Found what you're looking for?

  • Start learning 29% faster today
  • 150,000+ documents available
  • Just £6.99 a month

Not the one? Search for your essay title...
  • Join over 1.2 million students every month
  • Accelerate your learning by 29%
  • Unlimited access from just £6.99 per month

See related essaysSee related essays

Related GCSE Economy & Economics essays

  1. Liberalization: where it has lead us and where it is headed

    These leaders not only freed India from foreign oppression, they also established a genuine democracy, complete with a free press, a real legal system, and extensive personal freedom. To appreciate what this means, one can compare them with some of the other successful revolutionaries of this century, such as Lenin, Mao, Pol Pot or Ho Chi Minh.

  2. The effect of the Euro on 'The Carphone Warehouse' Plc

    Despite the huge number of outlets, the group has no plans to stop here; an extra one hundred stores are planned by the close of each of the two coming financial years. The company's main foci in terms of European expansion are France and Spain.

  1. The Famous Grouse - company profile and exports

    In some countries there are lower restrictions on advertising of alcohol. This could be key when trying to create awareness of the famous grouse being sold in their country. New Zealand Political Prime Minister- Helen Clark Capital: Wellington Population: 3,993,817 (July 2004 est.)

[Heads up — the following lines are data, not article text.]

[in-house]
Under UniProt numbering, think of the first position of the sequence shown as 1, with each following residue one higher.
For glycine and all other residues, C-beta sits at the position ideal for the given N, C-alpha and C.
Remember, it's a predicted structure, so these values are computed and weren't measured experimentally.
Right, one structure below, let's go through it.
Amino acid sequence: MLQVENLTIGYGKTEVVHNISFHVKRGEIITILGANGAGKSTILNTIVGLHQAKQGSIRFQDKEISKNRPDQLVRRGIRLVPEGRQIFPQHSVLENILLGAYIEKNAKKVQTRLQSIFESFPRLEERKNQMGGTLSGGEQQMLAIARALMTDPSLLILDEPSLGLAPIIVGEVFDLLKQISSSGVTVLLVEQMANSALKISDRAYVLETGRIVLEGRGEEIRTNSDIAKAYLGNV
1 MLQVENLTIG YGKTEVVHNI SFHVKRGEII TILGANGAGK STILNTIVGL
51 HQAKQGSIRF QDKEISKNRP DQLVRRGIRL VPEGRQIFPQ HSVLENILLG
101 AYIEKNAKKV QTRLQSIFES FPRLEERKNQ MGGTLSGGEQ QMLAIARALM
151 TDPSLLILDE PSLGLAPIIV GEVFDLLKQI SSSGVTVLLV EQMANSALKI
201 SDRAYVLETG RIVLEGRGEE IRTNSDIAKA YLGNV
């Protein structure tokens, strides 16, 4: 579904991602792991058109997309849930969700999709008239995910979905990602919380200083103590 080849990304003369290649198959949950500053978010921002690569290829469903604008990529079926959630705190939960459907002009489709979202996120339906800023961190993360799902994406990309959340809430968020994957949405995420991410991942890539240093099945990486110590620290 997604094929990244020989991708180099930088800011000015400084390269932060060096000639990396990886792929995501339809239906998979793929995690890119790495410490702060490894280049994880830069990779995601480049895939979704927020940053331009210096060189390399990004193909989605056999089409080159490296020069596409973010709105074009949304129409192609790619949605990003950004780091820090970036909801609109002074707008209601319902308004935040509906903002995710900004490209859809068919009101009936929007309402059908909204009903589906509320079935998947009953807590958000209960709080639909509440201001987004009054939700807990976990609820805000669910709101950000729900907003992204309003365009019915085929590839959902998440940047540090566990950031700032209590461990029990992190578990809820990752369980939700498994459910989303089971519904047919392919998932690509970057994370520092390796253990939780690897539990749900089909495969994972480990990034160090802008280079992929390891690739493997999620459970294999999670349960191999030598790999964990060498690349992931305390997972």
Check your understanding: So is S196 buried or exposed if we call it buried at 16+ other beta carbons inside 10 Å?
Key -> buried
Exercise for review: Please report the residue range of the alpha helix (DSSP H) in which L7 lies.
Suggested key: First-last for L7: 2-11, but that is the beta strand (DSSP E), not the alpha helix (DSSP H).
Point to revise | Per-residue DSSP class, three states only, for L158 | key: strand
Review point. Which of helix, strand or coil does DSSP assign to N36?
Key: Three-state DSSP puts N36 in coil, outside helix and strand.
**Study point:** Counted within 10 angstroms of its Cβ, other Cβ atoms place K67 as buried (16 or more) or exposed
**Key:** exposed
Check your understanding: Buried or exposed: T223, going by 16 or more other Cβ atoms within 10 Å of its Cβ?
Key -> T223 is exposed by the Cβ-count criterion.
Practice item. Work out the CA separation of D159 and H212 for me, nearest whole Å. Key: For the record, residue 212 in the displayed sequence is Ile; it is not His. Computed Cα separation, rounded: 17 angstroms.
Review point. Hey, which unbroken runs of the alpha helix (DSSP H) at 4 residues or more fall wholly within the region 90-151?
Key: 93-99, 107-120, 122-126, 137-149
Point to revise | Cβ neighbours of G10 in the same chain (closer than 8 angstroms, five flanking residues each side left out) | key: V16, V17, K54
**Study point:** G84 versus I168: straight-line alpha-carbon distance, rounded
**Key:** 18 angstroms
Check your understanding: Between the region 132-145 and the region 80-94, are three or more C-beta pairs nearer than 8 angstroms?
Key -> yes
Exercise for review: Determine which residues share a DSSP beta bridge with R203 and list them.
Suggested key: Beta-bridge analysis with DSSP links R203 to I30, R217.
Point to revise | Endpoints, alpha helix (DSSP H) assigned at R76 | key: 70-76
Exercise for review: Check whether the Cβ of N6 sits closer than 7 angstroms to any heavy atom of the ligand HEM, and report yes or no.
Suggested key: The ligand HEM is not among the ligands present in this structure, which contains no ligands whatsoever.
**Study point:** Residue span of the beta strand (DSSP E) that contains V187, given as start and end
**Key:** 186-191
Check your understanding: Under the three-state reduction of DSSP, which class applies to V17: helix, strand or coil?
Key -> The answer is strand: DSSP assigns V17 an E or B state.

2. "The British Government made a major mistake in not joining the Euro at its ...

    But the Irish government doesn't want to cut government programs and it would rather cut taxes to stimulate incentives. So Irish demand is likely to stay too high, punishing Ireland's internationally engaged industries. These industries could contract and become more focused on a domestic market, forcing up Irish unemployment and

  1. Discuss Whether The UK Should Join the Euro?

    There will be no exchange rates to worry about which will enable firms to incest the exact amount that they want rather than a lower figure due to the � being too strong.

  2. Should the UK join the Euro?

    Previously, many companies have held their assets in dollars, which is preferable due to the liquidity of the dollar which means an ease in changing assets to cash, should the need arise. The Euro is said to create this more liquid situation and by holding assets in Euros, companies have an opportunity of reducing the costs of funds.

  1. Protectionism -Arguments for and against

    Dumping can be extremely dangerous to local producers. The General Agreement on Tariffs and Trade (GATT) and the European Community (EC) has banned the practice of dumping. The Cheap Labour Argument: Some suggest that industries need to be protected because they cannot compete with cheap foreign labour.

  2. Should Britain Join the Euro?

    This problem may be aggravated by the fact that Britain is very sensitive to interest rate changes. This is due to a large percentage of variable-rate mortgages, and companies being heavily reliant on debt finance for investment. Fiscal policy would also be lost, to a certain extent, as a tool

  • Over 160,000 pieces
    of student written work
  • Annotated by
    experienced teachers
  • Ideas and feedback to
    improve your own work